Thank you for following my blog. And even bigger thank you for your perspective on Covid-19 and the pandemic. It’s nice to have something positive to say about it. My husband and I have been spending more time together with our dog and cat and it’s been very nice. So thank you again!

    Liked by 1 person

  4. craig lock · أبريل 5

    قام بإعادة تدوين هذه على craig's thoughts وأضاف التعليق:
    Hi Mounzer
    Thanks for the follow and all the best with your blog
    for your entertainment in social isolation/hibernation
    A church has a rat problem
    The church doesn’t want to kill the rats so they trap them and release them far away, but the next day they are back.
    Next they try ask them politely to leave, still they won’t budge.
    Finally the priest has one last idea, he baptized all the rats.
    Now they only come at Christmas and Easter.
    man walked into a bar. He sat down and asked the bar tender “If I impress you, can I have a free drink?”. The bar tender said sure, so the man reached in his pocket and pulled out a tiny piano. He then pulled out a small rat and set it by the piano. It crawled on to the bench and began playing
    music. The bar tender was amazed, so he gave the man a beer. Next, the man said “If I impress you even more, can I have free drinks for life?”. The bar tender didn’t think it was possible, so he agreed. The man pulled a frog out of his pocket, and it began to sing by the piano. The bar tender smiled and told the man that he was impressed. A man in a suit with a cane walked into the bar, saw the small animals, and offered to buy them for $2 million. The owner said no, but he offered to sell the frog for $500k. The rich man agreed, took the frog, and left. The bar tender couldn’t believe the owner just did that and said “Why did you just sell the frog?! There is no singing now!”. The owner laughed and said “Don’t worry; the rat is a ventriloquist!”.
    Two professors of economics were walking down a road when they saw a dead rat.
    The older one said – “If you eat this, I’ll pay you ₹10,000”. The younger one makes a quick cost-benefit analysis and finally eats the rat.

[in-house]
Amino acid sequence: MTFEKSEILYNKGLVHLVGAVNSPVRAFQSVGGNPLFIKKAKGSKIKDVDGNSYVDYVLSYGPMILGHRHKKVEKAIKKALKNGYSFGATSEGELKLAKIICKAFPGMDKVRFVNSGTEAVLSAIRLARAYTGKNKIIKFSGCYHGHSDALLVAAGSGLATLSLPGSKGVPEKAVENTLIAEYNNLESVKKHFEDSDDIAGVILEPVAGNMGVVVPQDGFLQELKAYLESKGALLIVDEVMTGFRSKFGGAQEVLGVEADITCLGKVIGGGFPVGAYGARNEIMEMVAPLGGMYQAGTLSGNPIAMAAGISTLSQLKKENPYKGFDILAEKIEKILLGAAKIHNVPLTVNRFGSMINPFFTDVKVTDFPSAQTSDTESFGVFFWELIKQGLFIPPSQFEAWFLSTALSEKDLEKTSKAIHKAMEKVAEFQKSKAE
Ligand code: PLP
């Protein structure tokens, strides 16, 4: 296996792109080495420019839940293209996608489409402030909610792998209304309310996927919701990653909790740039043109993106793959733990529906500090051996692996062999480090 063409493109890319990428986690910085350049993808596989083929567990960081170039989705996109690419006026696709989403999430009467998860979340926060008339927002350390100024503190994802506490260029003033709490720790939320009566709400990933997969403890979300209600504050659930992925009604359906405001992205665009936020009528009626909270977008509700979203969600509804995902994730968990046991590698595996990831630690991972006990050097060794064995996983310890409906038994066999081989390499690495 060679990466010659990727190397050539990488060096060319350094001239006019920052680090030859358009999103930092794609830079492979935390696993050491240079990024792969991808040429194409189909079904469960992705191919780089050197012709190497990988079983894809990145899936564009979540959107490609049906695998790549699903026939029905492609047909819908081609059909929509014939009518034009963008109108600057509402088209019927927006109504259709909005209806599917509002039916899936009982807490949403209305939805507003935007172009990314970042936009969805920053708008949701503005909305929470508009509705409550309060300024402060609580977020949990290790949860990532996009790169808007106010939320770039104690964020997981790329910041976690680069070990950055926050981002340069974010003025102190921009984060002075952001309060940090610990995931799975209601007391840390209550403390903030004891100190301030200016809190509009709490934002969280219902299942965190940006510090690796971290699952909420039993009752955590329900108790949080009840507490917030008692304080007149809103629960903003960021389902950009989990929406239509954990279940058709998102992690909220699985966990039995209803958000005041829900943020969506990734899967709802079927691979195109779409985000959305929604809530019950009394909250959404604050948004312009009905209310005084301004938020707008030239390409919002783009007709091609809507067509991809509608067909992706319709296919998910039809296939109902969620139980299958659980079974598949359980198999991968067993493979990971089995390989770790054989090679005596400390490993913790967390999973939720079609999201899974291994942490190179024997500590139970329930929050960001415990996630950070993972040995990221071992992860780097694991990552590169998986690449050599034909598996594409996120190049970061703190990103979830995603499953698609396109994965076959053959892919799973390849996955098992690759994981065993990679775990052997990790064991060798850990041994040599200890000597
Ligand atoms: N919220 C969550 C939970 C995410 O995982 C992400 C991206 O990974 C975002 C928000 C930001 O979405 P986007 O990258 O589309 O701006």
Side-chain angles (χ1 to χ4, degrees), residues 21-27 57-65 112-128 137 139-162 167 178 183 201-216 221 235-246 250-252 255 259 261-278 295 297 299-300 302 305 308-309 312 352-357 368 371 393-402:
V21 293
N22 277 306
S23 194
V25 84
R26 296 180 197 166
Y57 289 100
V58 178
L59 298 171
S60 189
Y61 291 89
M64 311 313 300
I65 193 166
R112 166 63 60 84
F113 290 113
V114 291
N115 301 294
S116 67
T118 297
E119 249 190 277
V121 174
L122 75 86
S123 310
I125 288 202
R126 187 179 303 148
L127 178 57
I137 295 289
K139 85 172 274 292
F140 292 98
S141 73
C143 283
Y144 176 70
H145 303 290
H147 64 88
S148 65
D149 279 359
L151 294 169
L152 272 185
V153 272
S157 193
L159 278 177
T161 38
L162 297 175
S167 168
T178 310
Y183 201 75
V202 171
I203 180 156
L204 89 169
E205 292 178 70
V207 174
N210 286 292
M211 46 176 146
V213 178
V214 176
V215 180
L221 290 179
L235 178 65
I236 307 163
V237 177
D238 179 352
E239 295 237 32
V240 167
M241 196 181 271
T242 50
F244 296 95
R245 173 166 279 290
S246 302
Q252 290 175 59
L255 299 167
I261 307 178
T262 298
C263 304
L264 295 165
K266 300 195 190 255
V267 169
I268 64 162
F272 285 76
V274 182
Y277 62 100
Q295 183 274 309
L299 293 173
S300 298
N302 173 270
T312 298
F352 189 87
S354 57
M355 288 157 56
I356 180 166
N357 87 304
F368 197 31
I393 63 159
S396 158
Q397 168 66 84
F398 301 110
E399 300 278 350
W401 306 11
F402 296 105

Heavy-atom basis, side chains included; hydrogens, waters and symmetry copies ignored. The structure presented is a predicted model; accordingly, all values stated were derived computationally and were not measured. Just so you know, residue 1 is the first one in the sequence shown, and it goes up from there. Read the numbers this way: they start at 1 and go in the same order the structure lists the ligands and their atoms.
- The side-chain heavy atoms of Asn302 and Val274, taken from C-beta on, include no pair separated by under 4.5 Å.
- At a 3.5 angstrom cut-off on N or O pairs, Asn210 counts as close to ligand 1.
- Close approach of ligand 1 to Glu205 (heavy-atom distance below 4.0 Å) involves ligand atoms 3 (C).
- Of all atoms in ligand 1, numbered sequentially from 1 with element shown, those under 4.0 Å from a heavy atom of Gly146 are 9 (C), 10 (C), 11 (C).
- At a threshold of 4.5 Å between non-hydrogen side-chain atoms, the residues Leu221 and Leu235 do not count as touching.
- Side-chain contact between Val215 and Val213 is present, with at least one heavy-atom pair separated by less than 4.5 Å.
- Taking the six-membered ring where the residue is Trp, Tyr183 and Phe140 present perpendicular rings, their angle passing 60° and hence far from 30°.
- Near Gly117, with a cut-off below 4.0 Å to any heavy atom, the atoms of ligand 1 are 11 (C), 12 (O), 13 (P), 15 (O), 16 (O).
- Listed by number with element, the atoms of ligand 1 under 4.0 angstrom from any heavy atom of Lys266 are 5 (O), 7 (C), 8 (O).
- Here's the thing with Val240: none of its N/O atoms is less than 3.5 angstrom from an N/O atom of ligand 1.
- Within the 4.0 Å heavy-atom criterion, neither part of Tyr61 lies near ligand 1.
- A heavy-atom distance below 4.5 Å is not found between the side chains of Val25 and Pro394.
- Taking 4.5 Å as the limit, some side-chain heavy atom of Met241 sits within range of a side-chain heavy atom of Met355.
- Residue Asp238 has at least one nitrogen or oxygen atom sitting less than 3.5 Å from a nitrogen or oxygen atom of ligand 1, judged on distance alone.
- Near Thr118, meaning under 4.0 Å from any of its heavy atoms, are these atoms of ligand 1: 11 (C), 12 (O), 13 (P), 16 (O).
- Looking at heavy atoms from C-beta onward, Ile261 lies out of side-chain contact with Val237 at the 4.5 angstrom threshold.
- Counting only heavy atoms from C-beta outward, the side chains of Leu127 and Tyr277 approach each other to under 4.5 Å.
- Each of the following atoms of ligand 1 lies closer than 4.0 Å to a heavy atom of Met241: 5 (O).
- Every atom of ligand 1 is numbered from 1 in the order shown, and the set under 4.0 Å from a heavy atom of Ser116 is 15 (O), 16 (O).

The younger professor experiences a bad after-taste and wants the older professor to experience the same. When he sees another dead rat on the road, he dares the professor to eat it in exchange for the old ₹10,000. The senior professor, eager to recover his reckless bet, eats it.
    After a few minutes of walking silently, the younger professor finally says – “Looks like we’ve been eating dead rats for free.”
    The older professor remarks, “But don’t forget we just added ₹ 20,000 to the GDP!”
    Thanks for the follow and all the best with your blog
    “the totally unmusical pie piper”
    Shared by “early bird” (very) * craig
    * my “best” time (by far)
    “Information and Inspiration Distributer, Incorrigible Encourager and People-builder” *
    * not bridges (thank goodness)!
    Well my family and friends say I’m “safest” just writing and sharing
    Driven to share, uplift, encourage and (perhaps even) inspire
    “Live each day as if it’s your last…
    and one day you’ll be right!
    So it may be better and safer for you following the rats!
    Don’t worry about the world ending today…
    it’s already tomorrow in scenic and tranquil ‘little’ New Zealand

    Liked by 1 person

    • Mounzer · أبريل 5

      Thank you very much, good luck.


    • Mounzer · أبريل 5

      You will find a lot of good ideas in my articles, thank you

      Liked by 1 person

    • Mounzer · أبريل 5

      My friend, I have no objection to selling any article in exchange for publication. If you would like to cooperate, you can write to me, thank you


  5. Gypsy Bev · أبريل 6

    The families that I know may enjoy being together for a few days, but long term they will not be happy. I can see major problems that I don’t care to discuss arising from an extended stay. Let’s hope this isn’t too long.

    Liked by 1 person

  6. viewfromoverthehill · أبريل 11

    I’m aware that our air is cleaner and COVID:19 is therefore good for the environment — temporarily. I cannot, however, feel positive about all the deaths and family violence which are taking place during these stressful times.

    Liked by 1 person

  7. stolzyblog · أبريل 14

    yes… have been noticing this also. Almost like it was a needed release valve for all the superficiality, in a way.

    Liked by 1 person

  8. quiall · أبريل 16

    We can always find a silver lining, we just may need to look a little harder. Thank you for following my blog.

    Liked by 1 person

  9. mayetsworld · أبريل 20

    I guess there’s the positives to all situations, even in the one we find ourselves in which has kept many people in the world locked in their homes. Kindly take a look at my recent article relating to my view . You’re welcome to share your thoughts

    Liked by 1 person